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(Hausa) : gunduru, gyadar kurmi
(Igbo) : nturukpa
(Yoruba) : gbengbe
Pterocarpus santalinoides is a tree 9-12 m tall, 1 m DBH, with low straggling branches. Bark thin and flaking in small patches, slash yellowish-white exuding drops of red gum. Leaves compound, 5-9 leaflets ovate-elliptic, abruptly acuminate, rounded at the base or slightly cuneate, glabrous, glossy, rather coriaceous with about 8 pairs of prominent main lateral nerves looping away from the margin, leaf stalk slender, glabrous stalk 10-20 cm long, leaflet stalk stout 2-5 mm long. Flowers orange-yellow, fragrant in axillary racemes and panicles, inflorescence branches finely hairy, individual flowers with short stalks. Calyx rather narrowly cup-shaped, petals densely hairy outside, about 7 mm long including the prominent triangular teeth, standard petal about 12 mm long and broad. Fruit a light brown glabrous pod, 3.5-6 cm across including the soft, fleshy narrow wing which extends about three quarters way round the body. Pterocarpus is based on the Greek words ‘pteran’ meaning a wing and, ‘karpos’ meaning’ fruit. The specific epithet ‘santalinoides’ refers to its likeness to P. santalinus found in Asia.
Ecology and distributionNatural Habitat
P. santalinoides is a shade tolerant tree commonly found along riverine forests in Africa and tropical South America.
Native : Brazil, Cameroon, Ghana, Nigeria, Senegal
Biophysical limitsAltitude: 200-500 m Mean annual temperature: 26 deg C Mean annual rainfall: 1 600 mm Soil type: Prefers well drained soils.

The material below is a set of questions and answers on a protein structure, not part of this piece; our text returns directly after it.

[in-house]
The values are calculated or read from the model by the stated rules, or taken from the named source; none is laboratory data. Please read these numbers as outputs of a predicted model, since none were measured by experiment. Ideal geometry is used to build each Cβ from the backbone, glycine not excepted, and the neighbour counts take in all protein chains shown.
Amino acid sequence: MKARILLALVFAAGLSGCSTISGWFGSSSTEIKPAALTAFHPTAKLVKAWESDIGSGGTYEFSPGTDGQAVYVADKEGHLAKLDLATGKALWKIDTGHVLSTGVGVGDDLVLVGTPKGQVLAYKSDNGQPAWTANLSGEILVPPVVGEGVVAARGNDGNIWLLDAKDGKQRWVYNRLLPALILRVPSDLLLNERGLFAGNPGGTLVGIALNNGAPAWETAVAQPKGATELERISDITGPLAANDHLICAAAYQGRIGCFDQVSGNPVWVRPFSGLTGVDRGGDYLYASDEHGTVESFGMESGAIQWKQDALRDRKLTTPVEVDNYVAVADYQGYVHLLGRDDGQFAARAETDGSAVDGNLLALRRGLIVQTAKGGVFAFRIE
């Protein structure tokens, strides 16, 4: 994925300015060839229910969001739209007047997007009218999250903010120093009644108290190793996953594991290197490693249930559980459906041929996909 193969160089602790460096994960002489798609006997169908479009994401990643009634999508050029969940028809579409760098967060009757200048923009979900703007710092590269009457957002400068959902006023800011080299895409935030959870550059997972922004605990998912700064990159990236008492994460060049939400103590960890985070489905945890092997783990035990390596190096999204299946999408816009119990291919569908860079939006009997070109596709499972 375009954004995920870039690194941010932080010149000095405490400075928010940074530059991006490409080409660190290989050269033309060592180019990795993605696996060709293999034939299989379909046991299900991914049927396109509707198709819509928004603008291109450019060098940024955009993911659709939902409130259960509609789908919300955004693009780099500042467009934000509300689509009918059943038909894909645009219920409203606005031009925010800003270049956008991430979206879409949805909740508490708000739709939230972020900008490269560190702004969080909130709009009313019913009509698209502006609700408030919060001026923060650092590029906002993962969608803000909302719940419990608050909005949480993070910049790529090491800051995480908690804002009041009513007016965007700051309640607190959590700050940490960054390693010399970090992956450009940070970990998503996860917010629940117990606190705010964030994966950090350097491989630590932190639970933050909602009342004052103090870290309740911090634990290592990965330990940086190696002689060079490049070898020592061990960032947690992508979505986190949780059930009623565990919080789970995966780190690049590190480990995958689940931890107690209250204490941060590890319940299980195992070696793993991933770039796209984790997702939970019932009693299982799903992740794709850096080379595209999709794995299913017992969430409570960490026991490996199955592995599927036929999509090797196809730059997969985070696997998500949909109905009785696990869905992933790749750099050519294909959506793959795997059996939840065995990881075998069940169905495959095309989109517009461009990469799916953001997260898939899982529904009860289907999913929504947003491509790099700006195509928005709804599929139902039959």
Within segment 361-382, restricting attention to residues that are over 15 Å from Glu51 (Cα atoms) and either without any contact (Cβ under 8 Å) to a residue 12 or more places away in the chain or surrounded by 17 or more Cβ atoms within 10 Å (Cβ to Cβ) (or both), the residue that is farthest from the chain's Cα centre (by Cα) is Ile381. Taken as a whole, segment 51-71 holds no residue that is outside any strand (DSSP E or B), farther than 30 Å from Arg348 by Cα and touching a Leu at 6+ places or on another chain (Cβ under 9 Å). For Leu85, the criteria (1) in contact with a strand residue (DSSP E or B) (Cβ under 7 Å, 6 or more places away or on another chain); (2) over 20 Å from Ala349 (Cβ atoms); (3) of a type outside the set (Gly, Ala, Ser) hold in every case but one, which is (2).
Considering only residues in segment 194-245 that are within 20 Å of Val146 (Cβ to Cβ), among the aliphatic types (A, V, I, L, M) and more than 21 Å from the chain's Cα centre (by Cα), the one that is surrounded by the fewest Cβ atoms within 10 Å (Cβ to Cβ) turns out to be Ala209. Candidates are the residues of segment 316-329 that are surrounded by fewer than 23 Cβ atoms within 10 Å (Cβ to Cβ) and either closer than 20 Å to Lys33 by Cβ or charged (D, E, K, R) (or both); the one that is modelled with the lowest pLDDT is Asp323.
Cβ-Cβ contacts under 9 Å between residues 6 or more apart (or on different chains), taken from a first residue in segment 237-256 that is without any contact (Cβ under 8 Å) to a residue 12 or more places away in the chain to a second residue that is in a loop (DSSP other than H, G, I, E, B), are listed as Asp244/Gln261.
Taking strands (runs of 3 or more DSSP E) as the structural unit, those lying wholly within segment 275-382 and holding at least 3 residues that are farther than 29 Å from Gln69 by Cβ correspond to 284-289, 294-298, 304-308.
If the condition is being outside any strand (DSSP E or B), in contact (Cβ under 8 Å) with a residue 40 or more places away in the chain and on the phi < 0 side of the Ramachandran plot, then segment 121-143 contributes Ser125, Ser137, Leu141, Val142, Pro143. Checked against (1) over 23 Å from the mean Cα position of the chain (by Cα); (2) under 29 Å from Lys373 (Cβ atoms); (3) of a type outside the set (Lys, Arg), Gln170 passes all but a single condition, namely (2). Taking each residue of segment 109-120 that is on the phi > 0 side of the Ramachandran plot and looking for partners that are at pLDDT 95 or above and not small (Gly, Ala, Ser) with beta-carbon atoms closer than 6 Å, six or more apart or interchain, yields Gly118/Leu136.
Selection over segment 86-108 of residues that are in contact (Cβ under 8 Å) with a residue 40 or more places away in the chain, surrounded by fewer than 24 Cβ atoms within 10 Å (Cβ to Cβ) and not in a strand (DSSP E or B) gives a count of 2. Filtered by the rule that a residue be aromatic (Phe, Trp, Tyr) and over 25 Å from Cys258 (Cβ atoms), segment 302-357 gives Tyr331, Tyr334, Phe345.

P. santalinoides is monoecious, flowering from December-March, fruits ripening between March-April.
Propagation and managementPropagation methodsDirect seeding, cuttings and rootstocks can be used to propagate P. santalinoides.
Pollarding, coppicing and lopping are recommended management practices for P. santalinoides.
Functional usesProductsFood: The leaves are eaten as a vegetable. Fodder: Livestock browse its young shoots and leaves. Timber: Wood white or yellow, not hard but termite-resistant. Gum or resin: Cuttings on the stem exude a red gum. Tannin or dyestuff: The bark contains tannins and dyes used for dyeing. Medicine: The tree bark is used as a stomach ache remedy.
Erosion control: An important species for soil conservation in water catchment areas. Shade or shelter: A good windbreak around settled areas and farms. Nitrogen fixation: P. santalinoides forms nodules with nitrogenase activity. The nodules are generally spherical but occasionally elongate. Soil improver: Leaf litter from P. santalinoides on decomposition slowly releases N and significantly increases soil exchangeable Ca and Mg in the soil. Ornamental: A beautiful tree with good gardening attributes its; showy flowers, beautiful foliage and form make it a suitable ornamental tree. Boundary or barrier or support: Poles from A. santalinoides are used for fencing.
BibliographyKeay RW. 1989. Trees of Nigeria. Claredon Press Oxford.
Ogan MT. 1990. The nodulation and nitrogenase activity of natural stands of mangrove legumes in a Nigerian swamp. Plant and Soil. 123(1): 125-129.
Tian G, Kang BT and Buissaard L. 1992. Effects of chemical composition on N, Ca and Mg release during incubation of leaves from selected agroforestry and fallow plant species. Biogeochemistry. 16(2): 103-119.
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